On the 30th we passed five miles by water and then about fourteen miles by land through the woods to John Edmondson's at Tred Avon Creek. And on the 3rd day of the 8th month [October], we came to the General Meeting of all Maryland Friends; and it held from the Sixth-day to the Third-day of the next week, which was five days, that is three days were the General Meetings for public worship, and two days the men's and women's meetings. And many of the world were at the public meetings, some Papists, clerks of their courts, and there were eight justices of the peace, and one of the judges and his wife, and another judge's wife, and many considerable persons of quality. And they judged that there was a thousand people; and one of the justices said, that he never saw so many people together in the country, though it was rainy weather. And Friends and people were generally satisfied and convinced, and the blessed power of the Lord was over all, and a great convincement there is, and a great inquiring after the Truth among all sorts of people, and the Truth is of a good report and Friends are much established, and the world convinced. They said they had never heard the Scriptures so clearly opened before, for said they, 'He hath them at his fingers' ends, and as a man should read them in a book and hold it open before him.' And the people were satisfied beyond words, and a glorious powerful meeting there was, blessed be the Lord for ever. And when the General Meeting was done, we had some of all the choice of the men and women to meet together for I had something to inform them concerning the glory of God, and the order of the Gospel and the government of Christ Jesus and concerning the great meeting. . . .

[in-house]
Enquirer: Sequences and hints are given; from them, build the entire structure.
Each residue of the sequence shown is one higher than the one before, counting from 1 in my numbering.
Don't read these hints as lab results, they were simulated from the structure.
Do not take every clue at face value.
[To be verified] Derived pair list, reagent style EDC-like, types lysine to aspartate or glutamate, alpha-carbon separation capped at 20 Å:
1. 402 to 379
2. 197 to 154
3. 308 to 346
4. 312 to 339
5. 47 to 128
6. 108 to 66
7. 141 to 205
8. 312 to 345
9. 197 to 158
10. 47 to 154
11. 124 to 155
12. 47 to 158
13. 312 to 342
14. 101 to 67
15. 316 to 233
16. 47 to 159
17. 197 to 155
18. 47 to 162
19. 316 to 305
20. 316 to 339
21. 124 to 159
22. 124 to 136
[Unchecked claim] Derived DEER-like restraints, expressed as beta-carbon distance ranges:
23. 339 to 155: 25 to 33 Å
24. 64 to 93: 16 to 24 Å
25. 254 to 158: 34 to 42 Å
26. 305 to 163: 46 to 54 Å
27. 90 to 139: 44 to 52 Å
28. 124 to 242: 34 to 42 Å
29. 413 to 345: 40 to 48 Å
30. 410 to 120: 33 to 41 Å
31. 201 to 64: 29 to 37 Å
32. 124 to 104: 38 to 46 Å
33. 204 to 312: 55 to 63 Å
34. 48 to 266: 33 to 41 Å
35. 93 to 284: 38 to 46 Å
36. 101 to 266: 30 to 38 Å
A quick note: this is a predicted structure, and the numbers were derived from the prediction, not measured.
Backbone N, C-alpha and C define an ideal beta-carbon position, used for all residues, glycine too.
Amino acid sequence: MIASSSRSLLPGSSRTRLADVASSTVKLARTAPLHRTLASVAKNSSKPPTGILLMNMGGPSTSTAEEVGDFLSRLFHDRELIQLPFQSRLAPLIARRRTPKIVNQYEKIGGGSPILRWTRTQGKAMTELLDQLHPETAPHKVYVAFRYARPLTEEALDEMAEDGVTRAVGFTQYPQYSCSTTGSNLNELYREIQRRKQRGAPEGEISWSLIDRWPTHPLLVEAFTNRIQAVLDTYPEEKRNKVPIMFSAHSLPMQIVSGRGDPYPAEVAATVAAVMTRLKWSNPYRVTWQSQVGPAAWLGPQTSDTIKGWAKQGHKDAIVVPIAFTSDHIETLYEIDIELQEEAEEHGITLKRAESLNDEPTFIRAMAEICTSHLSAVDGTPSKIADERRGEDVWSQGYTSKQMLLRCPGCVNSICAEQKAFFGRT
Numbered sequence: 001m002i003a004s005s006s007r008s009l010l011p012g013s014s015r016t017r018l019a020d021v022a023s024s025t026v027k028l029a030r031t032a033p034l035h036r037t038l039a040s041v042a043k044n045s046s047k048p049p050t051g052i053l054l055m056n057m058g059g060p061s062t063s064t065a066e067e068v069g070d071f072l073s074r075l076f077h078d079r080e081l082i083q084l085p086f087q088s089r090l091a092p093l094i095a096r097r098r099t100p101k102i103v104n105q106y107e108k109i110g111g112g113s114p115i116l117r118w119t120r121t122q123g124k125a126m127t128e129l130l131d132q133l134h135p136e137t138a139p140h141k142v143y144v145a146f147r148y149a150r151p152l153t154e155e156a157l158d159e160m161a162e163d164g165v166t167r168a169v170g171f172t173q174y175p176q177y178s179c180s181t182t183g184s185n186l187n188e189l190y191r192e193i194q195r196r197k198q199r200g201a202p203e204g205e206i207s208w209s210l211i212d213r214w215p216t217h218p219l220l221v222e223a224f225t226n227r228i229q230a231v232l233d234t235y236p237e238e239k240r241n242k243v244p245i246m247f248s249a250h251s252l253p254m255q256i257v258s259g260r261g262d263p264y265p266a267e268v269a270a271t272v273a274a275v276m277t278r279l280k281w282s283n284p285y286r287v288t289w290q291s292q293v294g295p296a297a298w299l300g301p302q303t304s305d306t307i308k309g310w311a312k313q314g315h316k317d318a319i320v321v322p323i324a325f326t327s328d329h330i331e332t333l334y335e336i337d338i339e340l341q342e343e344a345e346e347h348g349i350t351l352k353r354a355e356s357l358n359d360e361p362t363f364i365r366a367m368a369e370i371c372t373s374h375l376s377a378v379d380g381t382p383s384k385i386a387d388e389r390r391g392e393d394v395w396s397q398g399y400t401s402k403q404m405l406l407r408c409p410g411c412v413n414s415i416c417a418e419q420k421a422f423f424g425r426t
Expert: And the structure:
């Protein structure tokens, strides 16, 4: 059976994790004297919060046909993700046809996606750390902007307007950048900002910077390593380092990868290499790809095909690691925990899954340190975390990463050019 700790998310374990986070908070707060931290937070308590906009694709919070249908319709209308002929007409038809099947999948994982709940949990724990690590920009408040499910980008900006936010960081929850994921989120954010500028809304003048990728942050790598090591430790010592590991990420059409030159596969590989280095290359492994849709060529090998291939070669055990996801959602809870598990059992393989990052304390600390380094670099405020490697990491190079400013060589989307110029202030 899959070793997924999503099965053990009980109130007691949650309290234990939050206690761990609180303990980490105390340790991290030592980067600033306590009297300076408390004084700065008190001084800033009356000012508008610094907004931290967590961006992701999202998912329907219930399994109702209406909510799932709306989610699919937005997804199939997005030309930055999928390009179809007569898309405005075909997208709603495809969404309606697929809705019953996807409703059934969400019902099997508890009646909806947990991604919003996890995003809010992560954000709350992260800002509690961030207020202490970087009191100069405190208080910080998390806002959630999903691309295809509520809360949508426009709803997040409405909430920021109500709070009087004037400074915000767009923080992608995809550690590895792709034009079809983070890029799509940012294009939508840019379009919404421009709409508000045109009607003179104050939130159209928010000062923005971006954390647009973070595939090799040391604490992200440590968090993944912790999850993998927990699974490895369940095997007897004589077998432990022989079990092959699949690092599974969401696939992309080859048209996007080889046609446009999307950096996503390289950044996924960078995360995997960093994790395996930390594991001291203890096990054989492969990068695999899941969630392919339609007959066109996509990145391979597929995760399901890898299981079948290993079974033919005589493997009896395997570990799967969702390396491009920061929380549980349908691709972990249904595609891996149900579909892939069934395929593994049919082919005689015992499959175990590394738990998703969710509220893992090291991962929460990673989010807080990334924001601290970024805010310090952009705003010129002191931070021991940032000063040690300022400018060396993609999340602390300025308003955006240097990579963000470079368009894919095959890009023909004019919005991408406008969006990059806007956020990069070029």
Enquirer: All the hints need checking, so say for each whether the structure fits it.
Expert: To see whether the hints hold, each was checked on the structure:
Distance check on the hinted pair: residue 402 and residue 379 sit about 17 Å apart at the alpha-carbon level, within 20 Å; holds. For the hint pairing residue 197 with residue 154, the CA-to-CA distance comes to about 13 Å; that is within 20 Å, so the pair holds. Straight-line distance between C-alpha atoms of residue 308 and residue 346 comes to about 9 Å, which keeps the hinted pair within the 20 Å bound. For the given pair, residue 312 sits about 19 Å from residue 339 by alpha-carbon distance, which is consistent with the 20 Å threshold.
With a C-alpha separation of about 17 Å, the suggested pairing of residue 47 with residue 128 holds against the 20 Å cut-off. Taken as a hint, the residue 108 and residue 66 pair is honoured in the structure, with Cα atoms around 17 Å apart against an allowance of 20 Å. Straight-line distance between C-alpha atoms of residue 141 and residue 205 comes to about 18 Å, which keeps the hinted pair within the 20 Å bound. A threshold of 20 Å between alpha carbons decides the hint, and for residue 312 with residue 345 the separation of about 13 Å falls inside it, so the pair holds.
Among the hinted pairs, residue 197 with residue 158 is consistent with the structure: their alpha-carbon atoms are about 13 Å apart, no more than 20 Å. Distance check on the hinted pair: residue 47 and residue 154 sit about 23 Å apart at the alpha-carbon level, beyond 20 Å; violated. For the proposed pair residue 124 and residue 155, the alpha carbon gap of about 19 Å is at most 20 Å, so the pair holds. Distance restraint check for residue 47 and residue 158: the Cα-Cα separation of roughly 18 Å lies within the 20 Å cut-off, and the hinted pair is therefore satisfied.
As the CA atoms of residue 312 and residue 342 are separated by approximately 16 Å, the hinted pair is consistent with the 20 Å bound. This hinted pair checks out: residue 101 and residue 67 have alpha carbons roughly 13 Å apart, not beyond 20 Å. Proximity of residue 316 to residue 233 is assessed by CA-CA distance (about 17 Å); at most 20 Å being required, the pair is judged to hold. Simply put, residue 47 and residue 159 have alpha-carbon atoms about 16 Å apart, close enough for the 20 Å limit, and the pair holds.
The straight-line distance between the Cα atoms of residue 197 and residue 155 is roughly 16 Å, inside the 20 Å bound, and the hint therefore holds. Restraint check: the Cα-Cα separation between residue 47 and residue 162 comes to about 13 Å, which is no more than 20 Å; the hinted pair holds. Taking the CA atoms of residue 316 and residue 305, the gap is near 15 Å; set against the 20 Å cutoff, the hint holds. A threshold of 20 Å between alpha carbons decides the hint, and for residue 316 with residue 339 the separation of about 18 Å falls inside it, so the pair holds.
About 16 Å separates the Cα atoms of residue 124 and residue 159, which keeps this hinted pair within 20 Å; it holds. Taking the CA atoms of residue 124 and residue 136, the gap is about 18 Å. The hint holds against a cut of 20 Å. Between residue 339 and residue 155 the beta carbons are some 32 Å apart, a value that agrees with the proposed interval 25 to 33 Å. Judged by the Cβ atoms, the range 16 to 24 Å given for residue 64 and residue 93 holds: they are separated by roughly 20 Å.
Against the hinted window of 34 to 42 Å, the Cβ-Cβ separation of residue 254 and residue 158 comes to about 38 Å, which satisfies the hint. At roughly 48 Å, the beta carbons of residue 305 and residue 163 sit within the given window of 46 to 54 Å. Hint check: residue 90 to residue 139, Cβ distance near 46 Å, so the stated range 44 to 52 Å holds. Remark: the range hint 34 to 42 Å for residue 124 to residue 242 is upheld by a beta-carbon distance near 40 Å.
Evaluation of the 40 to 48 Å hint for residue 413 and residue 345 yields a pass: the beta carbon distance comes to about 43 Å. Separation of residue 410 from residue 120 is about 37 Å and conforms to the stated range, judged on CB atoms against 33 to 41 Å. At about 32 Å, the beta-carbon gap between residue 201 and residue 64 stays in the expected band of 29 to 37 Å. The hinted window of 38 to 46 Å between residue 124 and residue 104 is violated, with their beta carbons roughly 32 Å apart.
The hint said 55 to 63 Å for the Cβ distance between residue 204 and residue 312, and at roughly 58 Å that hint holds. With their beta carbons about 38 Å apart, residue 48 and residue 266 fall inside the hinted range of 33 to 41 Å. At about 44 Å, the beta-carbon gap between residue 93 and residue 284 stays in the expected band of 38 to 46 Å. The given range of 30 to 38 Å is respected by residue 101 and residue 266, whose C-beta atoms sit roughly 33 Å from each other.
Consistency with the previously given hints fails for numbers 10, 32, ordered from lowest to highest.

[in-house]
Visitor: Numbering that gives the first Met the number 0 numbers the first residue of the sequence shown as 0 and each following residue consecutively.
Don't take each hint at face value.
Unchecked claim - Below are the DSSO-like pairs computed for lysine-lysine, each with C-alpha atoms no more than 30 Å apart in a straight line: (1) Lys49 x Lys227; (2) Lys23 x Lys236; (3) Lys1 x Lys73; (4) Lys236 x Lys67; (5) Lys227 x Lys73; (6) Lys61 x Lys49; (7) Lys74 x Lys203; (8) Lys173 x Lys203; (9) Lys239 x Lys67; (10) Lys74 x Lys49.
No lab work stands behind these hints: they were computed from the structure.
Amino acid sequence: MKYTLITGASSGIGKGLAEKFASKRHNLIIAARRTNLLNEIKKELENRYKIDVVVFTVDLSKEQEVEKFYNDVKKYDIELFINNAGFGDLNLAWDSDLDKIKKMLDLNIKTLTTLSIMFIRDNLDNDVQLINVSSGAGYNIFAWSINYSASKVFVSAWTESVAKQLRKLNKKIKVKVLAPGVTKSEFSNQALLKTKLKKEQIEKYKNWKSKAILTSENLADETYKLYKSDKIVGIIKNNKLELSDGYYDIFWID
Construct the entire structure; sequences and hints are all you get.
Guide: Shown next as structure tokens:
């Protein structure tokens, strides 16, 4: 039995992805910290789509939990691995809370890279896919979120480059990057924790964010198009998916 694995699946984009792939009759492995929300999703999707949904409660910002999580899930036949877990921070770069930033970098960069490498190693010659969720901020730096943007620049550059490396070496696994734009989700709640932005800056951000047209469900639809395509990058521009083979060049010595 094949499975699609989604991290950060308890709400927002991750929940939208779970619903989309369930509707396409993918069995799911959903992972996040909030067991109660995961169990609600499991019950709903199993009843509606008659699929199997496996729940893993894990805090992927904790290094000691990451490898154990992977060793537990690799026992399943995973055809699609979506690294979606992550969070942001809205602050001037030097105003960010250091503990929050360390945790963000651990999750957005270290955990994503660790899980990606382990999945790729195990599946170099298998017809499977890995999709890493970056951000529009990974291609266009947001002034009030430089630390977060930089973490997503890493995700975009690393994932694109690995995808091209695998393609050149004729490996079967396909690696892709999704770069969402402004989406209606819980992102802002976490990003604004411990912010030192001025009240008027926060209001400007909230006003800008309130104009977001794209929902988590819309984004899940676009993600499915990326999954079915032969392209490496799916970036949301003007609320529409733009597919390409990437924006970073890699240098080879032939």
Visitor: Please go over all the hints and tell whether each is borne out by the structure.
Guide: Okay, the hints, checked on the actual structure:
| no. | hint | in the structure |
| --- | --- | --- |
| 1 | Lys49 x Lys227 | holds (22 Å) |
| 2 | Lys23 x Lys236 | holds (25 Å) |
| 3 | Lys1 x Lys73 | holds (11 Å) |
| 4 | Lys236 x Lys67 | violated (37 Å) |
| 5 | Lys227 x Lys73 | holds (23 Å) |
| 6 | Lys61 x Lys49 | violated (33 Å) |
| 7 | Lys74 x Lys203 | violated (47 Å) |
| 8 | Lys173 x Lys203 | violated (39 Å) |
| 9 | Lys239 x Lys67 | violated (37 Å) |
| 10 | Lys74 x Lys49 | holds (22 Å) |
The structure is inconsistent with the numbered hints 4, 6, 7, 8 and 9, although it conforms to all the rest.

At Flushing as soon as the meeting was done, there stood up a priest's son and laid down three things that he would dispute, the first was the ordination of ministers, the second women's speaking, and the third that we held a new way of worship. And I spoke to him and demanded what he had against what I had spoken and he could say nothing. Then I said it was like Christ's way of worship which he set up above 1,600 years ago, and was a new way of worship to him and his priests, it being in the spirit and in the truth. And as for women's speaking, such as the apostles did own I owned, and such as they did deny I did deny....


Source:
The Journal of George Fox, 2 vols. , edited by Norman Penney (Cambridge, 1911), 2: 225-30, 251. *Spelling has been modernized.